Maps and Climate
and Geology
Forest Ecology
Grassland Ecology
Wetland Ecology
Human History
Provincial Park

Day 1
Cypress Hills Provincial Park

So we have decided to visit Cypress Hills Provincial Park. Located in southeastern Alberta, it is the second largest provincial park in the province and it offers a wide range or recreational opportunities throughout the year. In addition, it supports plants, animals, and landforms unique to the Canadian prairies.

Before leaving home on any trip, there is some important information you should know. You can contact Cypress Hills Provincial Park and request that information regarding special events and sites to see be sent to you. You should also learn a little about the place you are going to visit. Where is Cypress Hills Provincial park? How can you get there? What is the weather like?
Go To Maps and Climate

Photograph by Cypress Hills Interprovincial Park, Alberta

When we arrive in Cypress Hills Provincial Park, we first need to find sleeping accomodations. The Park offers both campground and motel facilities. There are in fact thirteen (13) campgrounds in the Park ranging from full service RV-only to walk-in tenting. Where can we stay in the Elkwater townsite? What facilites and services are available? How can we contact the Park?
Go to Provincial Park

Once we have our accomodations organized, we head over to the Visitor Center to gain an introduction to the natural and human history of the Park. We make sure to pick up some pamphlets and ask the Information Officer behind the desk if there is a trail he/she would recommend. The Informaton Officer recommends the Shoreline Trail since it is an enjoyable and easy way to get a feel for the area.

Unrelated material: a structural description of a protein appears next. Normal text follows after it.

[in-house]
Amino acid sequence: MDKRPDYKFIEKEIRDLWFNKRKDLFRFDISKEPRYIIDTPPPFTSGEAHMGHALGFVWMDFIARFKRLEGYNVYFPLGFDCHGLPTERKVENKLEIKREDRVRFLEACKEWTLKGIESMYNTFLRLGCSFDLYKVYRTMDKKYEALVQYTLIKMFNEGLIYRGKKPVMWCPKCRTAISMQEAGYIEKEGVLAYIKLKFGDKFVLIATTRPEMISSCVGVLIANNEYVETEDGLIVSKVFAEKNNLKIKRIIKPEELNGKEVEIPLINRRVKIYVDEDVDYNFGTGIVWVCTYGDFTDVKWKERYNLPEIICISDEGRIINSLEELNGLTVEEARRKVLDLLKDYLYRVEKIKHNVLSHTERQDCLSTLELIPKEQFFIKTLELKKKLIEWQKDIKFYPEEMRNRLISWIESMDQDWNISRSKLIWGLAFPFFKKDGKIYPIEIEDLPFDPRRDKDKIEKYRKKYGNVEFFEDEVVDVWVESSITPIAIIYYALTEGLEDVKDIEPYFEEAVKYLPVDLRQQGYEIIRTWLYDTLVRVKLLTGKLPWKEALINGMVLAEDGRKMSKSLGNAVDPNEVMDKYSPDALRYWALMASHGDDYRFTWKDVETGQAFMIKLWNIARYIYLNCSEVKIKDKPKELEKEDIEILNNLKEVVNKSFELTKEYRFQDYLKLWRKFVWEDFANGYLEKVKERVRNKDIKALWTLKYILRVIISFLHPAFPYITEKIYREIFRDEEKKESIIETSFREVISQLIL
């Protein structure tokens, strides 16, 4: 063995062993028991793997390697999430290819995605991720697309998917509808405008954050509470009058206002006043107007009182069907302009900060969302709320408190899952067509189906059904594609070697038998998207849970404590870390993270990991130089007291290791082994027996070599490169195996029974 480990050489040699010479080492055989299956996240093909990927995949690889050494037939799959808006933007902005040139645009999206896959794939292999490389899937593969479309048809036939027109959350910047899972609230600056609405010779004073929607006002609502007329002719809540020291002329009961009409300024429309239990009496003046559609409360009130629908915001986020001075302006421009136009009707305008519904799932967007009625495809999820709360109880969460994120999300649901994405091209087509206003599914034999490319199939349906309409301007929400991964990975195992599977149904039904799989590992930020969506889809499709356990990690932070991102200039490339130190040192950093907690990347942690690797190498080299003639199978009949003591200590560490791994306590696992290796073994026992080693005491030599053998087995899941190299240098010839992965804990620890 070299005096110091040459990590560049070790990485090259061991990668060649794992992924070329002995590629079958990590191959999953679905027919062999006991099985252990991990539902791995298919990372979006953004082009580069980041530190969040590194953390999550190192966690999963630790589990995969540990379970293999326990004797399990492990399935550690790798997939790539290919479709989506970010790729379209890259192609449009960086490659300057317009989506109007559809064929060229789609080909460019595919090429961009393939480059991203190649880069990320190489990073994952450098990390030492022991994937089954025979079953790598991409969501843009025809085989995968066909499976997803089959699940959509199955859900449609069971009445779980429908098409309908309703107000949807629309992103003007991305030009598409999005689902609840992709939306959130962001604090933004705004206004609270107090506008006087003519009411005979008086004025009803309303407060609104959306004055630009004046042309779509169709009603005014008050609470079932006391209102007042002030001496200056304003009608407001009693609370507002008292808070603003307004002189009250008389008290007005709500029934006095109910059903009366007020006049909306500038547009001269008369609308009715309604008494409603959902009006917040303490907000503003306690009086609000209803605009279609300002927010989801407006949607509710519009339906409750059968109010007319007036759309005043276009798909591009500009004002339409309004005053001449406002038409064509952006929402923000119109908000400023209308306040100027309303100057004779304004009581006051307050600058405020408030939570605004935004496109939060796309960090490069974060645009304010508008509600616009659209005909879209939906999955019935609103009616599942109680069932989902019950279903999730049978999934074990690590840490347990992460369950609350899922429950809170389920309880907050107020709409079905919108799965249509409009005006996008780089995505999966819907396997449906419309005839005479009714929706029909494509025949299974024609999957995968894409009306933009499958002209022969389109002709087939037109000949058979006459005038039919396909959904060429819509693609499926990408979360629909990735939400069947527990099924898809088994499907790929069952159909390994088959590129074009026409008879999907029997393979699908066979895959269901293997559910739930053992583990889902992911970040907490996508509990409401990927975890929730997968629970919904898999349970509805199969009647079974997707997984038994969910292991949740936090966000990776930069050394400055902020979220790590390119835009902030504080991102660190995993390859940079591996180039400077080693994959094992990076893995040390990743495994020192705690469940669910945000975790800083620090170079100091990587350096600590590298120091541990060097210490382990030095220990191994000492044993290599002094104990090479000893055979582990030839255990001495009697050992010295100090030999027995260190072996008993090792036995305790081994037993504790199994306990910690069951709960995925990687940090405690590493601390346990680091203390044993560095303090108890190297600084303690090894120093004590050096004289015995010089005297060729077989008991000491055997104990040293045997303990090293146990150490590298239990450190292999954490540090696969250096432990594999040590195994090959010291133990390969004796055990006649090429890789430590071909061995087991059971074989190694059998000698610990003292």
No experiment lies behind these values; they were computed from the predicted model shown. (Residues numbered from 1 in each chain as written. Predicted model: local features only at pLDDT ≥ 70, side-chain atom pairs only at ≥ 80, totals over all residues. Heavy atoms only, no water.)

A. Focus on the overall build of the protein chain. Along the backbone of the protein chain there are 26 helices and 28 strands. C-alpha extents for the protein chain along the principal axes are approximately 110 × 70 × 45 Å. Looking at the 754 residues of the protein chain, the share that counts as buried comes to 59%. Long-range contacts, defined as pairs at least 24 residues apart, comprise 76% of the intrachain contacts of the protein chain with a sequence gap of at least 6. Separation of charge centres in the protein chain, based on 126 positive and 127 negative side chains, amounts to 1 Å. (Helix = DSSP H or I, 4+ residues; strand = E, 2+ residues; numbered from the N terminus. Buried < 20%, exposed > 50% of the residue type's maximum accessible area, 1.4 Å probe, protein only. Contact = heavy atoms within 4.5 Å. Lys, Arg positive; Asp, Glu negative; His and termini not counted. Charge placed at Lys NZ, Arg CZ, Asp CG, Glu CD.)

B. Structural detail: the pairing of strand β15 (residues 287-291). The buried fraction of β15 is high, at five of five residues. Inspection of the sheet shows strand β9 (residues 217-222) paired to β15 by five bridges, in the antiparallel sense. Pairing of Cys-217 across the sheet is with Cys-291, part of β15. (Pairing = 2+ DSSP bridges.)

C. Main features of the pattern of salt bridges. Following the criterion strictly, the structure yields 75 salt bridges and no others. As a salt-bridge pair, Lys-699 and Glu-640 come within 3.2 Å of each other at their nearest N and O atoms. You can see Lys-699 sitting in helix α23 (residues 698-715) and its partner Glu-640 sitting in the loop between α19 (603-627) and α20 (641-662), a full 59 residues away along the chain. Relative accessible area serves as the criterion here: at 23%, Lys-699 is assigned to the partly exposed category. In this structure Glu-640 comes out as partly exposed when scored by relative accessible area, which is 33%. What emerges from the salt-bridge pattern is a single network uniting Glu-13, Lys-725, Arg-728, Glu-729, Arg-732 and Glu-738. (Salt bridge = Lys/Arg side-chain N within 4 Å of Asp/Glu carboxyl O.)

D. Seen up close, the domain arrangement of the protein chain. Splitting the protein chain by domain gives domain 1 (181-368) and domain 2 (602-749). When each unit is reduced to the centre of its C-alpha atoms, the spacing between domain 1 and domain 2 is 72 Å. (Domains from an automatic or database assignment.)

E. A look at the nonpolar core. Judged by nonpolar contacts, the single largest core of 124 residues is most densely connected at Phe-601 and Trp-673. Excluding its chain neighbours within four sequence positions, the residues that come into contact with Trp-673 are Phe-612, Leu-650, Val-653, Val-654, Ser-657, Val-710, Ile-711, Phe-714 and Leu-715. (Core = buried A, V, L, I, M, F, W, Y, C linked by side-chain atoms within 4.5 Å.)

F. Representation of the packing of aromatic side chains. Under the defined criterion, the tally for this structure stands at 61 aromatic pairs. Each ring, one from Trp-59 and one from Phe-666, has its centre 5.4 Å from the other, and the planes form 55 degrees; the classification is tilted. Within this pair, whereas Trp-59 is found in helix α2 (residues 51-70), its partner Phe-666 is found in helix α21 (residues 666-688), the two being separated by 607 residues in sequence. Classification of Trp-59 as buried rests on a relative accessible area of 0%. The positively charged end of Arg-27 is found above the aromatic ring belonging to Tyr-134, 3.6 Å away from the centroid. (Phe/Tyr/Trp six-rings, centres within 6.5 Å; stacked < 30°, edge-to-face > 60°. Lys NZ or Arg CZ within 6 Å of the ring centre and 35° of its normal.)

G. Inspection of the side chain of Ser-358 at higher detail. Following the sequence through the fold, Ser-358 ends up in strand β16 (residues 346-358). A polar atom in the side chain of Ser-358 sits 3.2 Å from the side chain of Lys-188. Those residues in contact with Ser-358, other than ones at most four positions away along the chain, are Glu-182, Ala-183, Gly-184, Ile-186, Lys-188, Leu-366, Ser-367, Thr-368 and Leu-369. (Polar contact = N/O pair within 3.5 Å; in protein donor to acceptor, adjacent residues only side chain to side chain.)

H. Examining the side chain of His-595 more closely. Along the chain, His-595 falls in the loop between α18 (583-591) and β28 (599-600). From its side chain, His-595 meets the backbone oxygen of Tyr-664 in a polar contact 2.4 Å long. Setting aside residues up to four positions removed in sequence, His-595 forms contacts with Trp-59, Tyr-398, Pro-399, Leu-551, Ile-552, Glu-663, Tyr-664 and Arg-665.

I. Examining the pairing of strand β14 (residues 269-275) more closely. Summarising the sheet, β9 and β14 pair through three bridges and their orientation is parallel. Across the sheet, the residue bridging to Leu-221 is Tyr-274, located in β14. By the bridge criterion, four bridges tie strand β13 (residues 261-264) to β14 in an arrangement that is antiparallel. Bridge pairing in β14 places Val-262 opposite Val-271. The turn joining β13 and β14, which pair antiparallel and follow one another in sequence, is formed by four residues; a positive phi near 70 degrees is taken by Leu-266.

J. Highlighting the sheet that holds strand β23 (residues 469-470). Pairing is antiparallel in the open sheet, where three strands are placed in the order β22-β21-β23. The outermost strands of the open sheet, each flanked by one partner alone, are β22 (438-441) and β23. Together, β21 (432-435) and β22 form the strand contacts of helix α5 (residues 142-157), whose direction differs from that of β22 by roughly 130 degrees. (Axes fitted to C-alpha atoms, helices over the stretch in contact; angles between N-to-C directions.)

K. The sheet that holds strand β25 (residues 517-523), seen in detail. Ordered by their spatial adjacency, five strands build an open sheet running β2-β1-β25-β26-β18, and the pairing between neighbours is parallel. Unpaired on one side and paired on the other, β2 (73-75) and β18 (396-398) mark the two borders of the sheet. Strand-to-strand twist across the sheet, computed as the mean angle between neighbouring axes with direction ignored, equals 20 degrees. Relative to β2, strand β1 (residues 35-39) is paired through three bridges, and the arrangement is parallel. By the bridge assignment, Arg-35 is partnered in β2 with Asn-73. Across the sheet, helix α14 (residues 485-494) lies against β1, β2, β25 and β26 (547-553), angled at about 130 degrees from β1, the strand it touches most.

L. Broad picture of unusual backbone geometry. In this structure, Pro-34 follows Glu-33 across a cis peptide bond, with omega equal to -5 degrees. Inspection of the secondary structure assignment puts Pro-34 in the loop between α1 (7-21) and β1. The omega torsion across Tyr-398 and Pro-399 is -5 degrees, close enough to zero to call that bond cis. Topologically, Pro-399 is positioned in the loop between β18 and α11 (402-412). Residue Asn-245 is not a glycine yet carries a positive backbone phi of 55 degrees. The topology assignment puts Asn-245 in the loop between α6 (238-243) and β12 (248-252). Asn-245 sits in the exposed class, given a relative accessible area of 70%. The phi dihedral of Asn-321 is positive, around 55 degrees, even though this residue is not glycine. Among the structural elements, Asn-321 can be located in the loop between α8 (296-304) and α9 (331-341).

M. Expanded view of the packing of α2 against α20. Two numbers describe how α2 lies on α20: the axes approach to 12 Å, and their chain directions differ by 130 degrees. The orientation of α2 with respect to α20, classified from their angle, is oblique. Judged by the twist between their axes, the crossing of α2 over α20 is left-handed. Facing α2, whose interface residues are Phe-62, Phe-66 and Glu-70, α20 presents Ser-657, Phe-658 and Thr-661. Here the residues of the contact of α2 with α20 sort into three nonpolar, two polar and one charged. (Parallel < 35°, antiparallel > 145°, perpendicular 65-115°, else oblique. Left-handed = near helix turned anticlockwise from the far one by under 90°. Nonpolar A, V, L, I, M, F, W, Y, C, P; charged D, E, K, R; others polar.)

Go To Trail Map

Boardwalk on Shoreline Trail.

Following the southern shore of Elkwater Lake, the Shoreline Trail is a 3 km (one-way) asphalt pathway which is accessible by wheelchair and bicycle. With sections of boardwalks, it provides an excellent introduction to the wetland ecology of the Cypress Hills. Watch for beavers and muskrats swimming in the water. Listen for the songs of the red-winged and yellow-breasted black birds. We may be lucky enough to see a great blue heron or a moose.
What is a wetland?
Why are wetlands important?
What plants and animals are
found in wetlands?
Go To Wetland Ecology

A calf bull moose.
Remember that wildlife is still wild and should not be approached. As well, since we are in a Provincial Park, do not pick any plants. Not only can we leave the plants for other people to see, but they are food for animals and seeds for next years plants.

The Shoreline Trail has a number of picnic tables along the way which are excellent if you pack a lunch or if you just want to stop and enjoy the scenery. On hot summer days, the beach is a great way to cool off and relax. There is a concession, changerooms, and playgrounds nearby but there are no lifeguards.

The beach on Elkwater Lake.
Photograph by Cypress Hills Interprovincial Park, Alberta

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